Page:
Teacher as Director. Scan to ensure things are going smoothly, the students are aware of expectations, and are on task in their assignments.

Teacher as Performer. Rehearse, take a deep breath, and then daily accomplish the greatest performance of your life. Use humour, charisma, and energy. Be passionate about what you are teaching. Why is it important to learn? What does it have to do with the students’ lives? Research and talk with colleagues about the best possible ways to deliver the information to the students and evaluation techniques to ensure curriculum is being learned. Accept all gifts from your fans with gratitude.

Teacher as Critic. That was great but I should have… Next time I will… What would happen if… I should try… What worked the best was… If I had more time or resources I would have… I could improve the lesson by…

A Philosophy on Teaching

September 2004

To educate someone, you must first establish a positive learning environment. This includes an atmosphere of trust, security, and belonging. Encourage cooperation and respect at all times. For each student to be a valued member of the team and to do away with competitive marking would create an atmosphere benefiting self-esteem. The student should be able to believe “ I just have to prove I can do it, I don’t need to worry about doing better or worse than another.” Be someone who is approachable, friendly and compassionate, someone who is willing to devote extra time for unselfish ends.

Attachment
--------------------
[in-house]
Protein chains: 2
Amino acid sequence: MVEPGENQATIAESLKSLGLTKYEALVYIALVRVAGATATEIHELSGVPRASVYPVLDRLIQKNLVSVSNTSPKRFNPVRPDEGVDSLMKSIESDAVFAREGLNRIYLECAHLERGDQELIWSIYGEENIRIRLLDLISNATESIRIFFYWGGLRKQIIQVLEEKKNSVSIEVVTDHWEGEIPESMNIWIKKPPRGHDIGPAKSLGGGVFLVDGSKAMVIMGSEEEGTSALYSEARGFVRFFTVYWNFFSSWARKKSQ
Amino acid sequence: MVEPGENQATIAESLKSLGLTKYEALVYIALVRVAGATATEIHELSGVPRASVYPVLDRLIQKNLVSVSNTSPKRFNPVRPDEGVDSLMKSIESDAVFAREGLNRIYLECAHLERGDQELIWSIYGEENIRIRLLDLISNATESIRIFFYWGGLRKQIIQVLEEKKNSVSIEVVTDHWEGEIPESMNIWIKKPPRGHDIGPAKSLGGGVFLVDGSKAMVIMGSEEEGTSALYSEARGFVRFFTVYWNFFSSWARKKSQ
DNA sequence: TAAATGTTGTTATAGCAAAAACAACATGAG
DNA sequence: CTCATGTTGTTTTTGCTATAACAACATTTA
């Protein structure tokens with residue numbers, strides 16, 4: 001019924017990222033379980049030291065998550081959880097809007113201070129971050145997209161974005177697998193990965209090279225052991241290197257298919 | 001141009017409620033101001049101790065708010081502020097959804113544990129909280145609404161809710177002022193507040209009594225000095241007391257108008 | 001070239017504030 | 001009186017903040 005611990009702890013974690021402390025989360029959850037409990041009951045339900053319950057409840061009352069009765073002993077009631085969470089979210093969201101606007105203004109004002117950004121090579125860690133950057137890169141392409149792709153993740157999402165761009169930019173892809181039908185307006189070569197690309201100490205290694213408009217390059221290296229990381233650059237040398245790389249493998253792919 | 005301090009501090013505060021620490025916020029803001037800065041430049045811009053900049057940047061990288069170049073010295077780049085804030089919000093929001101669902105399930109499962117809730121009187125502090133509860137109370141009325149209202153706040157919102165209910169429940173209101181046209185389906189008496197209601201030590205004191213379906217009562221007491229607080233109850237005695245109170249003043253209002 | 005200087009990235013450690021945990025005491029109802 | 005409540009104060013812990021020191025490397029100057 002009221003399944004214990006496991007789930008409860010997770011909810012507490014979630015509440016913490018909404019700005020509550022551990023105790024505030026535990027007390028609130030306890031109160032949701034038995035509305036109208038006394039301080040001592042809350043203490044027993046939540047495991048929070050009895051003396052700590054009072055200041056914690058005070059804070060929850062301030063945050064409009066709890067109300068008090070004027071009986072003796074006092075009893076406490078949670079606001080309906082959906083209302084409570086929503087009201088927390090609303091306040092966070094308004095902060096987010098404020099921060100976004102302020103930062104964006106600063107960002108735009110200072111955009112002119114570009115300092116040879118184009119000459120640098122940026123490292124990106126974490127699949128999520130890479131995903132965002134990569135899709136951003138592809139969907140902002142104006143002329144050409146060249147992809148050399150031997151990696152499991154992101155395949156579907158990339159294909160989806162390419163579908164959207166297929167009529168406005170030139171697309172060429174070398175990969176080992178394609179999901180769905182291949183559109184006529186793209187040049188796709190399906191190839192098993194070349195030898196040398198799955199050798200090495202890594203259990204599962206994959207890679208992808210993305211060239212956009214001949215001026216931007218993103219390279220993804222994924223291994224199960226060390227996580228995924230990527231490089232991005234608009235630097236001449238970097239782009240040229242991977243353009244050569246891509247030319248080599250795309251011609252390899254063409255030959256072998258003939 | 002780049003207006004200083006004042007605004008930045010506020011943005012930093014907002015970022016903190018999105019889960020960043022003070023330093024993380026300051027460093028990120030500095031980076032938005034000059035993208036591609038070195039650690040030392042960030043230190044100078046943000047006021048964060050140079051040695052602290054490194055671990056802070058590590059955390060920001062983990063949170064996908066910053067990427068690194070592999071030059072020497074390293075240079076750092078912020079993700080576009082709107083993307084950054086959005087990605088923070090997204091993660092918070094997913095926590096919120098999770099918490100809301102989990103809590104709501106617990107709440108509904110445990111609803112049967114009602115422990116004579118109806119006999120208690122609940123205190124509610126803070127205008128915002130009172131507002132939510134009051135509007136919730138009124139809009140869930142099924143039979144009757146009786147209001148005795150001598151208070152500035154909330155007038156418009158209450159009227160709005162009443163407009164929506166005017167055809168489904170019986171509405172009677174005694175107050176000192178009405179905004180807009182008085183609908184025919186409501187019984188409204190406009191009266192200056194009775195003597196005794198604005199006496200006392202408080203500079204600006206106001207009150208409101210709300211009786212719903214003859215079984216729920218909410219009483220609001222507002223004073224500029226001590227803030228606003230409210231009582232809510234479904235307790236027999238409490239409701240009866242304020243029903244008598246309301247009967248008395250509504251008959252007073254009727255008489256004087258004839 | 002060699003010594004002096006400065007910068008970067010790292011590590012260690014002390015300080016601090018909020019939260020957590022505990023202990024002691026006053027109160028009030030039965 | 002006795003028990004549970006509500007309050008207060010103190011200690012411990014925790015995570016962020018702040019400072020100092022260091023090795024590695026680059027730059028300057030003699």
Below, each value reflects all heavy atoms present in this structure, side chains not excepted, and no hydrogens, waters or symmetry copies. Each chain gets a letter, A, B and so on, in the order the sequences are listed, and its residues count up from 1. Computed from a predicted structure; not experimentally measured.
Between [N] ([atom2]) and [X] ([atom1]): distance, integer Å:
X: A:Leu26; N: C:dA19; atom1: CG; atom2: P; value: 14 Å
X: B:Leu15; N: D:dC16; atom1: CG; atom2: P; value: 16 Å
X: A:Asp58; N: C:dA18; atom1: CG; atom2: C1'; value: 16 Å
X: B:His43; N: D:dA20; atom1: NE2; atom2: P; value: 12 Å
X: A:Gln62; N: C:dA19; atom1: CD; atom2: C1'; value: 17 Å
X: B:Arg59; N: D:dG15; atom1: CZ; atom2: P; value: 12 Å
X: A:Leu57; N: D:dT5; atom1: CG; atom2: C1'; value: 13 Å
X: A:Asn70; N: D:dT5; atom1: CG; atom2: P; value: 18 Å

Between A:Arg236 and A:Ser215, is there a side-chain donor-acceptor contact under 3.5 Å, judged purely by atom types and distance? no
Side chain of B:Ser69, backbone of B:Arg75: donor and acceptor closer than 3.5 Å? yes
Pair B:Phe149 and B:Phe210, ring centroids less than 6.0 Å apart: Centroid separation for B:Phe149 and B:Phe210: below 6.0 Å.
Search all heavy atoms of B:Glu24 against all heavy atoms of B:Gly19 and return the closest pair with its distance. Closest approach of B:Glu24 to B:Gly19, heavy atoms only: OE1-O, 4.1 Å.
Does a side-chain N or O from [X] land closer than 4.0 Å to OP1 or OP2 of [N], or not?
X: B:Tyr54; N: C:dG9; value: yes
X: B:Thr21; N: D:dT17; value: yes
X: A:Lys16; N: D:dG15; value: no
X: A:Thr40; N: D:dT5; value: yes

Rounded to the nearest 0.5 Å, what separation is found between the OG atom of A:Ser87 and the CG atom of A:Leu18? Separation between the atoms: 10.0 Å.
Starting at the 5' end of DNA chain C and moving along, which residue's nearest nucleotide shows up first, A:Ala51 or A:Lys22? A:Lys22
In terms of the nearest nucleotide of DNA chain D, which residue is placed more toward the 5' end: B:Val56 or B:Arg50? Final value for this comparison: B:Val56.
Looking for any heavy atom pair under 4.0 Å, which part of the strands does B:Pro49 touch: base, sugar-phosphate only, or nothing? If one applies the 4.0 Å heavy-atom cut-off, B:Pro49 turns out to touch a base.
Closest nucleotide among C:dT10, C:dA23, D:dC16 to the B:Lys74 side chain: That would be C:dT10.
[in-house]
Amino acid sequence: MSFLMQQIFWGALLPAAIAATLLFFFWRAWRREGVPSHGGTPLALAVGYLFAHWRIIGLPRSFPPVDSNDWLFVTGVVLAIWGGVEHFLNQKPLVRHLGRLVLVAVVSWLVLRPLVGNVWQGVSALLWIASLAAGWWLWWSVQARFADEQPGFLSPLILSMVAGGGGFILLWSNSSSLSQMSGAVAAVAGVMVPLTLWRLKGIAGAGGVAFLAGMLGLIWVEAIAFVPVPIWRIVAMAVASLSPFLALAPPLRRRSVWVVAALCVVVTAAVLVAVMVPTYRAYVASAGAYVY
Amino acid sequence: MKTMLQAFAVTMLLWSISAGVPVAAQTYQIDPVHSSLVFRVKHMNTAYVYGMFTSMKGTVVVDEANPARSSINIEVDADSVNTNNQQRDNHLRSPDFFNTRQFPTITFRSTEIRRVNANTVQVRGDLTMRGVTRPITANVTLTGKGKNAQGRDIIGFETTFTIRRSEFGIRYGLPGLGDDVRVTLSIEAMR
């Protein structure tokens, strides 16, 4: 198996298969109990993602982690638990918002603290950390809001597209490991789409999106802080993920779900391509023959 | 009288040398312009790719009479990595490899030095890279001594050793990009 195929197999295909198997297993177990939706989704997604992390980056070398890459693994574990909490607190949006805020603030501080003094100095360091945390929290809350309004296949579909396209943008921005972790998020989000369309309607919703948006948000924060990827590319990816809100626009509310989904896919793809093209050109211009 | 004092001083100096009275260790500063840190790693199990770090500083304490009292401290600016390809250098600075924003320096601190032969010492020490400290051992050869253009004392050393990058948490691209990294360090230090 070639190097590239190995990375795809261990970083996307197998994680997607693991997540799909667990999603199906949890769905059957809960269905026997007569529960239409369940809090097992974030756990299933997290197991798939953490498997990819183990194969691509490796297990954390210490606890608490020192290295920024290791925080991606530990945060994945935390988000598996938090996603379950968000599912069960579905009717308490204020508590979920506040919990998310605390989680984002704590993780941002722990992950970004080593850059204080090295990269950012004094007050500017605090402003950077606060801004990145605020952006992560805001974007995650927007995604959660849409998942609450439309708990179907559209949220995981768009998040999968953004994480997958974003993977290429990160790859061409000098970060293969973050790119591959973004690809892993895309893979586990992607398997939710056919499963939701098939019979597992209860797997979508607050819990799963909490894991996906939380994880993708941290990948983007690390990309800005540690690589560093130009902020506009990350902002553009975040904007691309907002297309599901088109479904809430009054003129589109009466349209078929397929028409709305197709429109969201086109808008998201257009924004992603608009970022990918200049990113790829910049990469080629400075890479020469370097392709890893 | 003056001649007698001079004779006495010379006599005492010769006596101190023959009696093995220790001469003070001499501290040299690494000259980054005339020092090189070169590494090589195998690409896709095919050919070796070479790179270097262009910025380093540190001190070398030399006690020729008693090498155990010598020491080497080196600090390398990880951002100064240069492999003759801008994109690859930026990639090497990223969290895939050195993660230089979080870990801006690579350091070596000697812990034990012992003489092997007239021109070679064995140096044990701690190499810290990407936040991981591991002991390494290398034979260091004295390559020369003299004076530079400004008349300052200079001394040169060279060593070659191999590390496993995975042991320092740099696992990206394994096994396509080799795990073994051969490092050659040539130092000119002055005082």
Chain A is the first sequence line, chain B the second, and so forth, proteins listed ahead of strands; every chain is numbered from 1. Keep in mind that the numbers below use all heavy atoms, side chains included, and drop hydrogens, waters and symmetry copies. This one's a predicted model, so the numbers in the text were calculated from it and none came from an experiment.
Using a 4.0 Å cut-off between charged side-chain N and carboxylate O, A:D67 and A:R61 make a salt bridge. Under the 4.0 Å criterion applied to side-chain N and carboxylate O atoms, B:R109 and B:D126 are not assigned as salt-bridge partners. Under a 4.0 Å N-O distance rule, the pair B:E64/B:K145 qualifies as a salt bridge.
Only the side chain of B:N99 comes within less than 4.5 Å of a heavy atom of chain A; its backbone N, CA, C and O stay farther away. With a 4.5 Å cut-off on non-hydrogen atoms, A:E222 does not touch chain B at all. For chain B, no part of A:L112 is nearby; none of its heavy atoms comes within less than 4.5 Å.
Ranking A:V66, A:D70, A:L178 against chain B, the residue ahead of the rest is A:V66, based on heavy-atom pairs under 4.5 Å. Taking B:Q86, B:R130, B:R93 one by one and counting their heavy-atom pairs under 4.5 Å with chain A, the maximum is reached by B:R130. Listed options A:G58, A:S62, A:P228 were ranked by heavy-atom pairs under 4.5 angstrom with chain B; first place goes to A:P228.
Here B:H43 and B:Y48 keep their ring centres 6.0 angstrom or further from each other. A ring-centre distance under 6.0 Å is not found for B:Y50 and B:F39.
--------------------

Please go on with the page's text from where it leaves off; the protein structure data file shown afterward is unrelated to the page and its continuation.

To teach, you must learn your subject well and find a way to make it appealing for the class. If there is no interest or apparent reason for learning the information, it becomes harder to absorb. Lesson plans must be very organized. Before you can begin, you must the goal of the exercise, and know exactly what objectives you are trying to reach. Always remember that what looks good on paper may not work as well in the classroom. You have to be very adaptive, and take advantage of “teachable moments.”

An integrated subject will expand on what is being taught; with every lesson there can be more than one subject included, as well as a chance to provide opportunity for success, achievement and improving self-worth. Choose relevant topics from different places of the curriculum, and design the lesson to be challenging; in such a way that at the end there is a feeling of accomplishment and room for improvement.

My priority, as am art major, is to enhance creativity; for it truly benefits the student as a learner in a ll subjects to be creative and imaginative. My goal is to have my students open up to the idea that just because one cannot visually reproduce the perfect image of what he or she is trying to portray, one can still be a successful artist.

I feel it is extremely important to be patient and considerate, especially with the number of learning, behavioral, and mental disorders that go undiagnosed in the classroom. Sometimes the students who need the most extra effort are not the ones who act out, but sit quietly in fear and confusion.

Strive to be optimistic and give every student a chance to succeed. Never limit a student’s abilities or assume they will nor be able to do something. I believe anything you put a lot of energy into manifests positive results, whether you achieve your goals in the first attempt or not. Above all else, motivate yourself to inspire the students into further curiosity. You are a guide, not a dictator.